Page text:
Friday, July 12, 2013

Too ‘Silky’ for your shirt?

This piece was written for a blog when The Dirty Picture (2011) had just released. For reasons unknown, it never got published where it was intended to be. My two cents on the sultry siren, Silk Smitha, even if 2 years too late.

I was 8 or 9 years old when I first saw ‘Sadma’ (1983), a Bollywood movie featuring Kamal Hassan, Sridevi and the recently riveted, Silk Smitha, in a role uncommon for those times. Released in the 80’s, I watched this movie in the 90’s on cable television, when it often aired as a matinee show and not necessarily as a ‘late night fiesta’.  Yes, those were the golden days of uncensored television viewing, following the significant privatization of industries and networks in India.  

Silk Smitha in Sadma (1983)

Originally christened Vijaylakshmi, Silk Smitha was once the most sought after actresses in the Tamil Film Industry in South India for portraying little clothes and character in raunchy scenes and vamp roles in the 80’s. By the 90’s, with a declining career and demand, she met with a tragic early demise. Even at a very young age, in the movie mentioned above, she didn’t quite appeal to me stereotypically as a ‘vamp’ on the sole basis of her explicit sexuality but just a woman who had excessively high ‘physical’ needs than most (men & women) displayed and was ‘trapped’ in a situation that did not meet her ideal expectations. She wasn’t out to hurt or offend anyone; she just wanted to complete herself.

The point of this nostalgic narration is that while most of us, including myself, waited in great anticipation for Vidya Balan to portray the personality and sexuality of a woman like Silk, my expectations were a little different, in the impression she had left as a kid. I could sense from the beginning and was right on target about the fact that most people were eager to see how Balan could portray a ‘character less’ (I love this term for its many connotations) woman without some of her own merit, as an A grad actor, taking a blow. I, on the other hand, was more eager to see how closely could Balan emulate the Southern Siren because frankly I haven’t really seen that kind of uninhibited & ‘shameless’ sexuality in too many women since her.

Balan makes many brave attempts in the movie at elucidating Silk’s sensuality whether it was making love to the whip as an extra in a song shooting or to the froth and bubbles in the bathtub. Yet, what was most interestingly shown was how (before stardom struck & she was just a ‘commoner’) she made orgasmic noises to tease the neighboring couple while they were busy at nature’s best business. To Balan’s ‘loud’ meddling, the dutiful wife lying underneath responded, “While I suffer, she enjoys!”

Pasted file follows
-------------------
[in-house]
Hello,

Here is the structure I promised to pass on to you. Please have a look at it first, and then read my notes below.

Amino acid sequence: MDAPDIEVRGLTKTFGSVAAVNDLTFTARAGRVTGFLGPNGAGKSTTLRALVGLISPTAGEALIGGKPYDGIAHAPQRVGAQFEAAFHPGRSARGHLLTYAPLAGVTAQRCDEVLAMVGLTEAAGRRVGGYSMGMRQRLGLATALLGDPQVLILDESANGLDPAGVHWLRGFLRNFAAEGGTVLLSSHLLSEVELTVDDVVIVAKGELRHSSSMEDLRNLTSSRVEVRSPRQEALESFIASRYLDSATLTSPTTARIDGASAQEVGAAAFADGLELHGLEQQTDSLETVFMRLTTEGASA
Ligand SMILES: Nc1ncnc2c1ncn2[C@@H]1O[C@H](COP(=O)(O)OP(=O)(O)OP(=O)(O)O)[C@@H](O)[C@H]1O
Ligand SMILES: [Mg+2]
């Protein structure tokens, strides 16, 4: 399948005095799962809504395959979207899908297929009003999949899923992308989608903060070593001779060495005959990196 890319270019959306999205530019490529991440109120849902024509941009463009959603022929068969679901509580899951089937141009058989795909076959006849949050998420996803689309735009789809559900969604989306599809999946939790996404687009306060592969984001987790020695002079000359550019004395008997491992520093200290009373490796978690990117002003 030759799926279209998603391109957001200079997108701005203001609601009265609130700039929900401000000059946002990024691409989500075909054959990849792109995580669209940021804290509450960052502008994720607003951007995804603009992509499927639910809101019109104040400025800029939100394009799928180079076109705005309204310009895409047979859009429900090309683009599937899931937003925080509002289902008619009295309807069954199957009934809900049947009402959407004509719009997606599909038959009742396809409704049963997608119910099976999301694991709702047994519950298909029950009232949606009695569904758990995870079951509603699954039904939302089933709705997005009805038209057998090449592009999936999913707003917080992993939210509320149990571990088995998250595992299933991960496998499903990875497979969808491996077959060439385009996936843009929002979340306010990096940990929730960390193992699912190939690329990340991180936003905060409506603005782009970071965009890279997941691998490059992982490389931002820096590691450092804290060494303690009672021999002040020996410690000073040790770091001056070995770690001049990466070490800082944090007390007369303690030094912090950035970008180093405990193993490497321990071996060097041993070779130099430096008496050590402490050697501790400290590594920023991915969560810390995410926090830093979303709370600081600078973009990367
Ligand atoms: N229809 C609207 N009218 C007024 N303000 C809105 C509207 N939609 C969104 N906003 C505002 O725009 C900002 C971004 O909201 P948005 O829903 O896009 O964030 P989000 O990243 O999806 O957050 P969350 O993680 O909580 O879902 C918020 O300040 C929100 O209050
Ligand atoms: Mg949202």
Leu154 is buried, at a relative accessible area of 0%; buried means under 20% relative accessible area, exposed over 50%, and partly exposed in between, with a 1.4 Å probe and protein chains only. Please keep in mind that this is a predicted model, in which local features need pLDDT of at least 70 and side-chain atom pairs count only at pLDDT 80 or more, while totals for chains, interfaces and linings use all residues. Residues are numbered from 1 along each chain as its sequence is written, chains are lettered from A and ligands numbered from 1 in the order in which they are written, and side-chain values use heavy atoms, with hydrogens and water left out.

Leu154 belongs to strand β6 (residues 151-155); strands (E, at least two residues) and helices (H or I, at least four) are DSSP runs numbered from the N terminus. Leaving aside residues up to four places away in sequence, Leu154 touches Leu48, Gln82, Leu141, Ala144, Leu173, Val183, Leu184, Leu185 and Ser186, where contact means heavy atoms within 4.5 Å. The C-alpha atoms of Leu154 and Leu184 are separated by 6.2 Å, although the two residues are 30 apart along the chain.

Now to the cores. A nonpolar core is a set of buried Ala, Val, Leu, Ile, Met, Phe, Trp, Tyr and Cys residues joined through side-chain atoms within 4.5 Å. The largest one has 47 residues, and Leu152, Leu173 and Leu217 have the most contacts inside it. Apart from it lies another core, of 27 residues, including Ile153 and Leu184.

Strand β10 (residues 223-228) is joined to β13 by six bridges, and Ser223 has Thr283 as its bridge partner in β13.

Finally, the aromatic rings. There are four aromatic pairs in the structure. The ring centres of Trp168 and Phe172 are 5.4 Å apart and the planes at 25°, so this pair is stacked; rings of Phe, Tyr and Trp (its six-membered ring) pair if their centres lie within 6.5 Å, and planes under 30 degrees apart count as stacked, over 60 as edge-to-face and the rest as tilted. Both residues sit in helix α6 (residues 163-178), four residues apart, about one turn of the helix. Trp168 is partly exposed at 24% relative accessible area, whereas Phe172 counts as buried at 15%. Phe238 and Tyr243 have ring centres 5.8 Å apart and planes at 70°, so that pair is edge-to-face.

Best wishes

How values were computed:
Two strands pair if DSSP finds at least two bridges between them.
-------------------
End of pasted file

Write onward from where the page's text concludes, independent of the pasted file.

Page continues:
There were two things that struck me: one, the culminating ending in the movie and two, media treatment of Silk Smitha post her departure from the industry and the world more than a decade ago.

Milan Luthra denies the story being based purely and solely on Silk’s life and agrees that the character was a stereotypical portrayal. Through the movie, what we witness is someone who boldly crossed those boundaries of modesty set around women yet could not break them and eventually, got broken by them. Yes, they showed a humanistic side of her but as much exaggerated the dramatics showdowns with the superstar’s wife (whose husband she was sleeping with), a rival sex kitten and a gossip columnist. Her eventual downfall, as a woman who took a stand and stood by it, with the alcohol, nicotine and loneliness was portrayed as if reprimanding her of her actions. It was such a demonstrative lesson of that’s-what-you-get-for-using-your-sexuality-as-a-tool! 

The features and editorials leading up to the previews of the movie and post reviews have been like obituaries written too late. Most of them have sympathized with her as someone who was ‘ahead of her times’ and ended up in the rear end of the hypocritical society that loved to hate her. But I don’t really see us as any different or more progressive as we’d like to so easily believe sometimes.

If it was Marilyn Monroe in the fifties and Silk Smitha in the eighties, we do have our current brigade of Kim Kardashian, Poonam Pandey and Veena Malik of the post 2k generation. I agree the comparison maybe way off but their routes to ‘stardom’ in congruence with the demands and desires of the audience (i.e. us) are much too similar. We do love despising these women for just boldly doing what they do…whatever they do, that is.

Are we a society always dismissive of female sex symbols and sirens? Men flash all the time and make all kinds of ‘dirty pictures’ but they still don’t seem to be reeling in the same spotlight of the moralistic flack.

Will we always keep demonizing our desires, in particular when women mirror reflect them?

To many, Silk promoted skin. To me, she promoted pleasure.

1 comment:

  1. This was an interesting read and we would like to share your blog on our page "Seeti Maar" to start a debate on stereotypes and how women are perceived. Thanks!
    The Seeti Maar Team